Though it might surprise you, dentures and false teeth have been around nearly as long as human society itself. Teeth are such an integral part of our lives that we have used our ingenuity to replace them in many different ways over the centuries.
There are examples of primitive dentures from 1500 B.C. Egypt and even earlier in Mesopotamia. They took human teeth and supported them with threaded gold wire. Other primitive tooth replacements were used in ancient America, among the ancient Mayans. Mayans would carve stone, seashell, and bone into the shape of teeth and place them in the empty cavity of a lost tooth. While that sounds barbaric to our modern ears, evidence points to it being very effective, as the materials fused permanently with the jawbone.
As time went on and civilization began to approach modernity, dentures came to be made from bone, ivory, and eventually porcelain. Everybody has heard about George Washington’s wooden dentures, but that isn’t actually true. Washington was wealthy enough to sport some of the highest quality dentures of the time, carved from hippopotamus ivory and inserted with human, horse, and donkey teeth.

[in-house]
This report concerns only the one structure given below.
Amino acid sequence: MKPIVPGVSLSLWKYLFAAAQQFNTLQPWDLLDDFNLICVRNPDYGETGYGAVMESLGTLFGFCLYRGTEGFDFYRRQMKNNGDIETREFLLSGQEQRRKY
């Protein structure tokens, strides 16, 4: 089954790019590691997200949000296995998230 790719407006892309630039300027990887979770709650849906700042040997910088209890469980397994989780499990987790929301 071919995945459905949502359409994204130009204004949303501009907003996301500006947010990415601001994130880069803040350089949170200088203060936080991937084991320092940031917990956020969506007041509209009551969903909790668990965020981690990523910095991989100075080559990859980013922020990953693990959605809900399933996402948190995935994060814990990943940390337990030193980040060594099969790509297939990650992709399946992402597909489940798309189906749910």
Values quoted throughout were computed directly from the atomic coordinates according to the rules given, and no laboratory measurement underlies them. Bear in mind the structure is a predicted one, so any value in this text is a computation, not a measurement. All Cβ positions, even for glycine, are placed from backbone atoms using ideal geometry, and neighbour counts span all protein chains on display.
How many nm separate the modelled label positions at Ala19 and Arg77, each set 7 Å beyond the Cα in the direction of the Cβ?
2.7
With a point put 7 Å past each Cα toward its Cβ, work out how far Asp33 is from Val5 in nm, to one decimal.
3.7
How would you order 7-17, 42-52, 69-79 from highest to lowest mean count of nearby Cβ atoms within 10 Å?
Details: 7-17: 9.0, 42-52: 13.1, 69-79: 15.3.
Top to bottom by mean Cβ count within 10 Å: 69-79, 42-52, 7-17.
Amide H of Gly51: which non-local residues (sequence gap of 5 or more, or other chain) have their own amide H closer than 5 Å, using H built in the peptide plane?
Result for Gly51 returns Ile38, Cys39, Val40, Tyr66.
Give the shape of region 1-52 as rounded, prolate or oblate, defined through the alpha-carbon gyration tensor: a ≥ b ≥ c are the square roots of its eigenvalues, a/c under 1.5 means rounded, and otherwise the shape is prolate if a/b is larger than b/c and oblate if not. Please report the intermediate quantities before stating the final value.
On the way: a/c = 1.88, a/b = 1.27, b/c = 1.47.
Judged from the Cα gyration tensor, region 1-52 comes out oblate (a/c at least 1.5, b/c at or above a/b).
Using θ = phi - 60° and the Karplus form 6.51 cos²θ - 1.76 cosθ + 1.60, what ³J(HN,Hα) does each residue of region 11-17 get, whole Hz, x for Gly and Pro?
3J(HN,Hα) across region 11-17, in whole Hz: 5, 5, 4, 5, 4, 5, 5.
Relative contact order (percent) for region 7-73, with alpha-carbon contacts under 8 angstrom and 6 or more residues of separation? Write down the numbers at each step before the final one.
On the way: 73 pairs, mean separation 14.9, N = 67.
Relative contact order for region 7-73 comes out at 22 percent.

Around 1774, a Frenchman named Alexis Duchateau created the first porcelain dentures. However, they were prone to chipping damage and looked too white to be real teeth, so dentures made from human teeth, or “waterloo teeth’ – named after the teeth picked from dead soldiers – were in much higher demand.
A leap forward was made in 1820 when a goldsmith named Claudius Ash from Westminster, England, made dentures from porcelain mounted on gold plates. These dentures were superior in every way over the previous models. Constantly looking for new ways to improve the dentures, Ash made dentures from Vulcanite rubber in 1850, and from that time forward that was the standard for dentures until the 20th century, when acrylic resin and other plastics became the preferred materials for crafting dentures.
If you would like to make a denture consultation with Dr. Chadwick Webster, contact Dental Creations in Tulsa, Oklahoma today.